Market Outlook | 2nd Quarter 2018
Tactical Perspective:
Other Asset Classes

Executive Summary

  • We expect the world economy to grow around 3.5% this year. But growth momentum will soon pass its peak. The upswing is losing force, especially in Europe.
  • Switzerland should grow around 2% in 2018.
  • The Trump Administration is actively discussing the imposition of import tariffs.US fiscal policy is now pro-cyclical and will have a severely detrimental medium-term impact on the financial position of the US government. Investors are taking note of America’s twin deficits.
  • We expect four interest rate rises out of the Fed this year.
  • We expect the ECB to implement the first cyclical rise in European interest rates in the second half of 2019. In its commentary, the Eurozone central bank is already preparing markets for a more restrictive stance. It no longer talks of an “easing bias”.
  • We are currently underweight in equities. A higher than usual allocation to cash should enable us to buy equities again at lower levels.

Our macroeconomic assessment

Business cycle

  • The strong global upswing will continue in 2018. Our forecast of 3.5% real growth for the world economy assumes the following real growth forecasts -US (2.3%), Euroland (2.1%), Switzerland (2.0%), China (6.5%) and Japan (1.2%).
  • While US economic growth might accelerate further, we don’t expect an acceleration in the other major economies.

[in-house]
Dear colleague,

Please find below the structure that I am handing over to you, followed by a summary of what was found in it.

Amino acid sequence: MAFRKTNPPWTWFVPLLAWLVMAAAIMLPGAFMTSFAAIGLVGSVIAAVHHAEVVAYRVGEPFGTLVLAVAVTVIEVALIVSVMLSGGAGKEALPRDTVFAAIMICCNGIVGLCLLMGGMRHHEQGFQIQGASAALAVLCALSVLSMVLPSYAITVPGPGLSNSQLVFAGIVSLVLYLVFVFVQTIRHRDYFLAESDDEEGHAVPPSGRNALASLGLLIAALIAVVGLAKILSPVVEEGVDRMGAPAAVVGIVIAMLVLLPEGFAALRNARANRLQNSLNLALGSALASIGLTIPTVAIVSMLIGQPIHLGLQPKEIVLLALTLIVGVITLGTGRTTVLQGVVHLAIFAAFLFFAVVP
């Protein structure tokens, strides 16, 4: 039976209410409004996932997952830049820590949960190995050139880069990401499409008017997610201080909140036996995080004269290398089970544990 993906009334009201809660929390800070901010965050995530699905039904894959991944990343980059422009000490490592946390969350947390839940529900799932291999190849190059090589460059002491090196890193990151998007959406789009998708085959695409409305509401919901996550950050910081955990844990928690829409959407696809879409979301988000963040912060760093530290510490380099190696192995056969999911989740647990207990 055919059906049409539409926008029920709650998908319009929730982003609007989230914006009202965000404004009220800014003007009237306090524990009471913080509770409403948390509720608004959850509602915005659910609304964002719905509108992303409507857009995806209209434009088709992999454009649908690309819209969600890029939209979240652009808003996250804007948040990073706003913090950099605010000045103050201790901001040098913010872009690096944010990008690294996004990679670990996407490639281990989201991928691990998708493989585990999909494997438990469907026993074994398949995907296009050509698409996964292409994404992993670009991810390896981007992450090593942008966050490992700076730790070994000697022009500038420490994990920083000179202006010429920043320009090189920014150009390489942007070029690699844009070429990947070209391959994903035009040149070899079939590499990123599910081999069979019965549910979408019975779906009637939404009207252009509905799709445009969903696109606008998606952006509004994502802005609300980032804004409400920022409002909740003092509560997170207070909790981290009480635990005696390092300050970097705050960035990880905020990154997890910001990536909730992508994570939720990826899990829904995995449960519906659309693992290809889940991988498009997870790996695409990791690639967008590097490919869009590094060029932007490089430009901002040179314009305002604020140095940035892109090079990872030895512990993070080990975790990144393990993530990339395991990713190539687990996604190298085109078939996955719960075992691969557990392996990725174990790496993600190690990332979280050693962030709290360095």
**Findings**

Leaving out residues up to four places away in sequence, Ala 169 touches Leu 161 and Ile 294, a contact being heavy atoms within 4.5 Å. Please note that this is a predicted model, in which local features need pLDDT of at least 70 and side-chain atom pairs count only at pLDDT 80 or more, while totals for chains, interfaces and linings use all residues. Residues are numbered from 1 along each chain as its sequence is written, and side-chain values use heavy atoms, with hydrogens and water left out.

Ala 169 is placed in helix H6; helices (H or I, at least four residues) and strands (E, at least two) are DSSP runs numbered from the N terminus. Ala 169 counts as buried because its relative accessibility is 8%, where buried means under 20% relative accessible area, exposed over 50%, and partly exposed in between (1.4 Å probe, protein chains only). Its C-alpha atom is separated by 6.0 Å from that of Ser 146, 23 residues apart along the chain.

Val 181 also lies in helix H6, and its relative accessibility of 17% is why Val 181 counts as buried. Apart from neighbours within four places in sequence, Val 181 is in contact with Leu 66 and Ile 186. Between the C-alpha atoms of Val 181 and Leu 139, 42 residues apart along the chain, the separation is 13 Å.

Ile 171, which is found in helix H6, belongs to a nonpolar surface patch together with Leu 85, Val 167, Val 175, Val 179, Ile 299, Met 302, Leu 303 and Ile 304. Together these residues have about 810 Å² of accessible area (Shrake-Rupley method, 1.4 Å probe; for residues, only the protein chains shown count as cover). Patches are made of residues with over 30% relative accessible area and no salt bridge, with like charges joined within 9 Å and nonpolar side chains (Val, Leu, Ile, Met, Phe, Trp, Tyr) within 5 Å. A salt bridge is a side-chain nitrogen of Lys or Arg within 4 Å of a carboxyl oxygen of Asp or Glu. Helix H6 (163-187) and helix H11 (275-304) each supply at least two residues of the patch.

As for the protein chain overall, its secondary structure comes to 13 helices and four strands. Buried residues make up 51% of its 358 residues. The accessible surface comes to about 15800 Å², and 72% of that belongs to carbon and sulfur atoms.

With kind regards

Rather the reverse: In the coming months we expect a slight decline, from very high levels, in sentiment indicators and thereafter a moderate decline in real growth rates.
  • The Swiss economy is benefitting from the current cyclical strength of the Eurozone economy. We expect Switzerland’s economy to grow 2% in real terms this year.
  • Emerging market economies will grow strongly in 2018, although we expect a slight decline in China’s growth rate.

Eurozone Purchasing Managers’ index

Source: Bloomberg
  • The US economy is now growing very strongly. But the Trump Administration’s pro-cyclical fiscal policy could push the Fed in the direction of a more restrictive monetary policy. That said, a serious trade war, were one to break out, would depress growth estimates and could encourage the Fed to remain relatively accommodative. We expect four rate rises out of the Fed this year.